By far the biggest success was Windows 10, now running on more than 120 million machines. With a seamless user experience on desktop and mobile, the new operating system “has for the most part erased any lingering bad memories” from “the disaster that was Windows 8” as Paul Thurrott writes on Petri. Heavy hitters from Netflix to Pandora have recently announced apps built on the Universal Windows Platform, which allows developers to create for multiple devices at once. (There’s even a BB-8 app that lets you control an on-screen droid with voice commands. Merry Christmas, Star Wars fans!)
Critics have slammed Microsoft for failing to address privacy concerns about user data collected by Cortana, Windows 10’s virtual assistant, and for a pushy rollout that had Windows 7 and 8.1 users facing a barrage of prompts to update.… Read more
Microsoft, Hackster.io, and Arduino have launched a new contest they are calling “The World’s Largest Arduino Maker Challenge” with prizes for the best combination of Arduino, Windows 10, and Windows Azure. With more than 1,000 winners receiving a new Arduino MKR1000 board there seems to be plenty of prizes to go around. The top 3 winners will receive a trip to Maker Faire in Shenzen, New York, the Bay Area, or Rome (whichever you can get to for $1500) along with a $500 gift card and a platform to present your work at the Microsoft and Arduino booths.
The contest requires you to use either the Arduino UNO or MKR1000 to host a Windows 10 based Universal Windows App that utilizes the Windows Virtual Shields for Arduino API or Windows Remote Arduino. Bonus points go to those who integrate their IoT device into Azure’s IoT stack using IoT Hub, Stream Analytics, or Machine Learning.
Want to learn more about Azure’s Service Fabric? Now you can host your apps for free on Microsoft’s new “Party” clusters. These free public clusters are short lived instances that offer developers a chance to try out their apps on Azure before being blown away every 2 hours.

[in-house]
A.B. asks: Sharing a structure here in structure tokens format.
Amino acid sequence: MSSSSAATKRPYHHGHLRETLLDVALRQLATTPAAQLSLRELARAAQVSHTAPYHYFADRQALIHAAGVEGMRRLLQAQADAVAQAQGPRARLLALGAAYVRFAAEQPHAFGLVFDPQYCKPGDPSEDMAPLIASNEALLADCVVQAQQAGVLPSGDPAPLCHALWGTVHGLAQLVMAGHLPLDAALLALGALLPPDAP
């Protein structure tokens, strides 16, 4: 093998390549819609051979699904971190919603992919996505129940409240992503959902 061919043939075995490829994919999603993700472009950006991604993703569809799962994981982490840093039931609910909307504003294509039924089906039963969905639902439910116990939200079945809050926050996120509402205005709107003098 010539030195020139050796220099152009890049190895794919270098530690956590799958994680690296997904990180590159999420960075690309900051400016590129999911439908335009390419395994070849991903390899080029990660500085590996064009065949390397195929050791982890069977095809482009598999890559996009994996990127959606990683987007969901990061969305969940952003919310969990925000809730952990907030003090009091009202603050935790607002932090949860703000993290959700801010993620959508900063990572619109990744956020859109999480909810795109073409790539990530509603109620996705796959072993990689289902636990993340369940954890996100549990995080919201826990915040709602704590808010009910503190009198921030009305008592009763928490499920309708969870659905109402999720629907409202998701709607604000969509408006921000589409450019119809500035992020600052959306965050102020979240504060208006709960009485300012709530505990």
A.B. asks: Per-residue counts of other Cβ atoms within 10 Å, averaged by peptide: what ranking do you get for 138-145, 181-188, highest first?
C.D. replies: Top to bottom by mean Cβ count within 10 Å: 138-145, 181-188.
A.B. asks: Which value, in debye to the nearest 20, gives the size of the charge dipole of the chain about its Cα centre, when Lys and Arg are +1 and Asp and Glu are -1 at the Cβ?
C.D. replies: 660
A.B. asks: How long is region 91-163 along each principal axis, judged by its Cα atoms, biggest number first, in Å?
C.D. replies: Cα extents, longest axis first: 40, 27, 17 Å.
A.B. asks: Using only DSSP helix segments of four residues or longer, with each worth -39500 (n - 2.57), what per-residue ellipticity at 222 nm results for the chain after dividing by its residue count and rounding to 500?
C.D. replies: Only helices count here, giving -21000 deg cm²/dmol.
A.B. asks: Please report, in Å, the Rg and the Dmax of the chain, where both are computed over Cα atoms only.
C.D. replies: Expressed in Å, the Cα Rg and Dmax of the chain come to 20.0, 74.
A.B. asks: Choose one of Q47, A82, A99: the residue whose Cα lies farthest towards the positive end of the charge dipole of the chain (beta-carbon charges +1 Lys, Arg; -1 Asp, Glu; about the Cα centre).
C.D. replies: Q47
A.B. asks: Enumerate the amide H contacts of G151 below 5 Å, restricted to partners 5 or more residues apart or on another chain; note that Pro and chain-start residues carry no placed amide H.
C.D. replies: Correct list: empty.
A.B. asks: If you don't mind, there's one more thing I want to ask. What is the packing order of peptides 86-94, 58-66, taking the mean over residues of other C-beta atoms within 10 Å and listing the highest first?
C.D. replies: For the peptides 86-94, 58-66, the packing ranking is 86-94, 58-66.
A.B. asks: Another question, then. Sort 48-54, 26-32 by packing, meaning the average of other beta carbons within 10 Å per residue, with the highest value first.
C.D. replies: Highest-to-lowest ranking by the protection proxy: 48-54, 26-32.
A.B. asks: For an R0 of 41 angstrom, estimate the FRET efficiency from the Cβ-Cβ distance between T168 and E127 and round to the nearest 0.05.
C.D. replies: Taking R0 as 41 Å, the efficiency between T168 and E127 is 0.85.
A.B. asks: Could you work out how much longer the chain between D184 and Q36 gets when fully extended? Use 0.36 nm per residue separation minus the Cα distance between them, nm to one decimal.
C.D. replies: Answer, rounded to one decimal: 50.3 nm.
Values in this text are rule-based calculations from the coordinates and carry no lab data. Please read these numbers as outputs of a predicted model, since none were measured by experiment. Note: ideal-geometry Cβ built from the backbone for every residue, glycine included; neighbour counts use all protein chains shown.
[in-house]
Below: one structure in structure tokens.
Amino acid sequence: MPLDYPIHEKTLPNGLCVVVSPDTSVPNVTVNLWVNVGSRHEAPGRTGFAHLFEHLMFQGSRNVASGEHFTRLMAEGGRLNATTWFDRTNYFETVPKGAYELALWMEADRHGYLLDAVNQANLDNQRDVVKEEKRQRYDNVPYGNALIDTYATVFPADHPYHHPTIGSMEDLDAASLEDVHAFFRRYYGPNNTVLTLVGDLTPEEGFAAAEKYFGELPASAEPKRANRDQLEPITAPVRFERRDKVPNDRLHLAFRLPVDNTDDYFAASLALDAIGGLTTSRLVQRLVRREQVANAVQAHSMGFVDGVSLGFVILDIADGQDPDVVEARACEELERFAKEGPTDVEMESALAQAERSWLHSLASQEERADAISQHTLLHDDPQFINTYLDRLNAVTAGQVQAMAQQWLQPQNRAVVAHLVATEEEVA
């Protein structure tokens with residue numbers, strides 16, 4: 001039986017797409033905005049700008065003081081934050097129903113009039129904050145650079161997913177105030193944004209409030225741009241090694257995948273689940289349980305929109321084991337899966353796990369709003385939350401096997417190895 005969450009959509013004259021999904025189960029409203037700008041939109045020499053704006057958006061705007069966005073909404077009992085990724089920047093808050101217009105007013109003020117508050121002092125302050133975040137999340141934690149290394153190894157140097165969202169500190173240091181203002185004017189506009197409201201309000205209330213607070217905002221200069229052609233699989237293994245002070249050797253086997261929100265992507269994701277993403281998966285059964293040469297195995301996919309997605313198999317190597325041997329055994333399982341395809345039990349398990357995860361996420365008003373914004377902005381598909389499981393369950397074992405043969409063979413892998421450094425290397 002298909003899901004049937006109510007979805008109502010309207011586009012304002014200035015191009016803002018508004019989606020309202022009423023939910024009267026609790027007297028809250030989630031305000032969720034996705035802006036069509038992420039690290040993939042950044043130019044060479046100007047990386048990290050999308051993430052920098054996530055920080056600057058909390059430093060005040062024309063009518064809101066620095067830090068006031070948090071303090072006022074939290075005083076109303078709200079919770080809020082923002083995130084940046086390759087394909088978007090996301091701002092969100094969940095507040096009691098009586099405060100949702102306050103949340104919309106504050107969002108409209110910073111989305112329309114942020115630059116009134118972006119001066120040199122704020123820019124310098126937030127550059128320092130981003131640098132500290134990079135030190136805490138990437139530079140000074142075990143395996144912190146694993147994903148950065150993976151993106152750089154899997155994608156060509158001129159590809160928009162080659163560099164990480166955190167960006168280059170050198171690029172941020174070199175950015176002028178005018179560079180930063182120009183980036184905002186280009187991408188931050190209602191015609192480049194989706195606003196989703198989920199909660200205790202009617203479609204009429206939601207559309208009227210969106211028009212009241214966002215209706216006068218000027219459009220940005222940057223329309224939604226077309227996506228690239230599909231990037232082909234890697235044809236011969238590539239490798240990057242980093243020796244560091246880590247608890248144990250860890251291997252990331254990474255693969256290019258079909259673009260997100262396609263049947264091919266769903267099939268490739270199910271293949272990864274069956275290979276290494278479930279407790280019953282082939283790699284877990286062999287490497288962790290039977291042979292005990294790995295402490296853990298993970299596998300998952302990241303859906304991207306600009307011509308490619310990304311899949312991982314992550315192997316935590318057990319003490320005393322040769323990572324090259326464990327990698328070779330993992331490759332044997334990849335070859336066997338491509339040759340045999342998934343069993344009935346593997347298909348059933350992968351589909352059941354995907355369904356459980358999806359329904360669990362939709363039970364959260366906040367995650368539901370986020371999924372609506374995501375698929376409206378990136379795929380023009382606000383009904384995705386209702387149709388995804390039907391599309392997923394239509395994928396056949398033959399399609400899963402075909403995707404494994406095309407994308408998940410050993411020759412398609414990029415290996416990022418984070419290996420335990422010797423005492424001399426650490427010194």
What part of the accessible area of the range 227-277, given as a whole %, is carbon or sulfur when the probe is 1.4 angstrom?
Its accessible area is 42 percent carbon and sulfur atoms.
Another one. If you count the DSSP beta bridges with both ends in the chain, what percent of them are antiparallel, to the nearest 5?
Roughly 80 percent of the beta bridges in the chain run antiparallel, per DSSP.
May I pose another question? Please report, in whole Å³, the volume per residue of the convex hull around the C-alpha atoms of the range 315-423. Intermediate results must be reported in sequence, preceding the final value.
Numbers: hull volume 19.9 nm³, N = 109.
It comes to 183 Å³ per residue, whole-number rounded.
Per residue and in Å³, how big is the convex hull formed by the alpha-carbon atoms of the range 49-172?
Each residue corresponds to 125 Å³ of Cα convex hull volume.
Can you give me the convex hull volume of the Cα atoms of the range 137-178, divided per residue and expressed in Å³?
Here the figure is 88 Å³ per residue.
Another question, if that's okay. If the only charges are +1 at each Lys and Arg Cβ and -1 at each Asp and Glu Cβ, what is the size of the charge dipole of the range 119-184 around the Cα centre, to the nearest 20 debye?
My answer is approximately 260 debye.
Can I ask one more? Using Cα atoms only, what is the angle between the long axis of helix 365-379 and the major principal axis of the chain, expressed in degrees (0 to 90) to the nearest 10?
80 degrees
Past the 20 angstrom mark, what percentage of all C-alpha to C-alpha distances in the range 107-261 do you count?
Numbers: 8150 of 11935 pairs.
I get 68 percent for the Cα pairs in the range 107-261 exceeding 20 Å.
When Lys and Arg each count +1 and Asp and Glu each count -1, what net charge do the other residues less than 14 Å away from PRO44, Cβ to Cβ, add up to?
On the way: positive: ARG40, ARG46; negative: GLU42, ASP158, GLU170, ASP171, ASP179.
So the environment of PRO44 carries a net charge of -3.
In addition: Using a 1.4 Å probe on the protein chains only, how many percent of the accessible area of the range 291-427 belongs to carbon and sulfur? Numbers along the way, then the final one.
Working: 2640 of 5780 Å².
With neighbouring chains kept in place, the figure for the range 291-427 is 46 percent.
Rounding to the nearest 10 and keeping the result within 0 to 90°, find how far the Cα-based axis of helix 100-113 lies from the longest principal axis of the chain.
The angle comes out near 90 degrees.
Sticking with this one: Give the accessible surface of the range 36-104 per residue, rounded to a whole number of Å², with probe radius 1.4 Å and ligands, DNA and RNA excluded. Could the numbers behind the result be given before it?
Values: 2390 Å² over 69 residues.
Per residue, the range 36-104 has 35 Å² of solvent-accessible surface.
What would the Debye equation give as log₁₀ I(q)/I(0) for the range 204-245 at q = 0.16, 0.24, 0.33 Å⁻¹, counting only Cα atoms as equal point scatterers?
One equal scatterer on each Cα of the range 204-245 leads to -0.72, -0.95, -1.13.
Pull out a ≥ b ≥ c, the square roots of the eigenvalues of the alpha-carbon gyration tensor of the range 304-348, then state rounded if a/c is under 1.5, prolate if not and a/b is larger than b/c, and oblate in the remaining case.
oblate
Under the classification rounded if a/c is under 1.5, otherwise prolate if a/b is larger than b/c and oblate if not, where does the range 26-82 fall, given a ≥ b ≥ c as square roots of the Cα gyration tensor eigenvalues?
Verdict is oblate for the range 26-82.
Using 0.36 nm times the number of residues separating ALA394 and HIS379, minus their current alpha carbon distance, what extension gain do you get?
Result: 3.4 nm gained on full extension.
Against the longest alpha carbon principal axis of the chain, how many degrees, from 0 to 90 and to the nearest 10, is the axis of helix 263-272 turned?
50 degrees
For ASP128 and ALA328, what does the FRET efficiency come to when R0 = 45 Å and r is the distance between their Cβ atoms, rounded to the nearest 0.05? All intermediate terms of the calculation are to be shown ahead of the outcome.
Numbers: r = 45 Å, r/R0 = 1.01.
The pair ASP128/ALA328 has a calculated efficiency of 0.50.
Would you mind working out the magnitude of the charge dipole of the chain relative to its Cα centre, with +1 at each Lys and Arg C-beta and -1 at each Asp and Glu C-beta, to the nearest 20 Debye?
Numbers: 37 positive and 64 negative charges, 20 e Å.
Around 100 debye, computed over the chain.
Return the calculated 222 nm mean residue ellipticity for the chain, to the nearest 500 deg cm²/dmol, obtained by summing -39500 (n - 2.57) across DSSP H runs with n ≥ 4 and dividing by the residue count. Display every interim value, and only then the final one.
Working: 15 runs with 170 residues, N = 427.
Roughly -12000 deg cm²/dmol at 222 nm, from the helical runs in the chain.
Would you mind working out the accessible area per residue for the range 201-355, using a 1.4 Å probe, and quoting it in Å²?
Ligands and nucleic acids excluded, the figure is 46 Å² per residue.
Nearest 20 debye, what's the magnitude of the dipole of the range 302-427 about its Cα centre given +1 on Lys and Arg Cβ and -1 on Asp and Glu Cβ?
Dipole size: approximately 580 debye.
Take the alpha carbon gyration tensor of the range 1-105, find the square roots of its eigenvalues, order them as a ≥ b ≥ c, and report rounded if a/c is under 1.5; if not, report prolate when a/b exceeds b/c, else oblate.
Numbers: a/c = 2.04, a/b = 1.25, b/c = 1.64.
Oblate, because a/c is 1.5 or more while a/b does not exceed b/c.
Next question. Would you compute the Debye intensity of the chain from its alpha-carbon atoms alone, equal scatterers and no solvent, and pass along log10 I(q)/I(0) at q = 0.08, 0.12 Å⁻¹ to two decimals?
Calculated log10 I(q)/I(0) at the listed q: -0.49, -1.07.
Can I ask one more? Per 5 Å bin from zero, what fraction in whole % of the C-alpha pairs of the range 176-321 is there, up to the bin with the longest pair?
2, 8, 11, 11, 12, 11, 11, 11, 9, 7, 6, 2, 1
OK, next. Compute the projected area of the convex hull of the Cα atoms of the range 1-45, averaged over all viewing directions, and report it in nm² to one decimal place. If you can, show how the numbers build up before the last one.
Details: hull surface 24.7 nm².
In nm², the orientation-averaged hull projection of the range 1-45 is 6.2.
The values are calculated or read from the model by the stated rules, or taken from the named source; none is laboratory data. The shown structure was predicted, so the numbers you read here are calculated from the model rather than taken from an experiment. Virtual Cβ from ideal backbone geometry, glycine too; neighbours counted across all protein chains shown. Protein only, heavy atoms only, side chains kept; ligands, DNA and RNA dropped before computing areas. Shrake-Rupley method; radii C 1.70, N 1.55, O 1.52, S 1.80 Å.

Each party cluster is the same and has a time limit. It runs for two hours, then it’s automatically taken down and a fresh new one comes up. At that point, all your applications will be removed and you’ll have to connect to a new cluster to keep partying. You can only connect to one party cluster at a time, but you can come back as many times as you like. — Azure Service Fabric Party Cluster page
After registering to join a cluster you’ll receive an email with the cluster connection address, application port, and expiration date. You can even view the cluster with the online Service Fabric Explorer.
Microsoft is looking to make building Windows 10 Apps that leverage Azure services easier for business users with the release of PowerApps. Using a tool that you download from the Windows Store, users can create apps from prebuilt templates, from an existing data source, or from scratch using step-by-step templates.
Apps can be built from pre-existing data sources including Dropbox, Google Drive, OneDrive, SharePoint Online, MS Dynamics, and SQL Databases. Connections can also be made to Azure Logic Apps and Azure API apps as well. There are a number of prebuilt templates to choose from also including Event Signup, Opportunity Tracking, Service Desk, and Surveys.
For more information or to sign up for access to PowerApps, visit the PowerApps site. Scott Hanselman also has a good blog post geared more toward professional developers showing how to combine Azure App Service with PowerApps.… Read more
Microsoft has released the 1.0 version of the Azure PowerShell cmdlets for automating processes with Azure including better support for Resource Manager, VM disk encryption with Azure Vault, and inclusion of Azure Data Lake and Notification Hub cmdlets. Also released were new user experience improvements in the Azure Preview Portal such as notification enhancements and adding Marketplace access directly in the New menu.
Azure PowerShell 1.0 includes the following items from the Azure Blog.
Microsoft’s Connect() conference last week included not only the keynote with the announcements but more than 60 individual breakout sessions on technologies from Azure to Office365. Those videos are available now for streaming on Channel 9. The format for the videos include several Q&A sessions with the keynote speakers such as Scott Guthrie, Anders Hejlsberg, and Kevin Gallo as well as customers and also several panel discussions with the product teams. And of course there are the more traditional educational webinars. Here are a few that we think you’ll find particularly informative.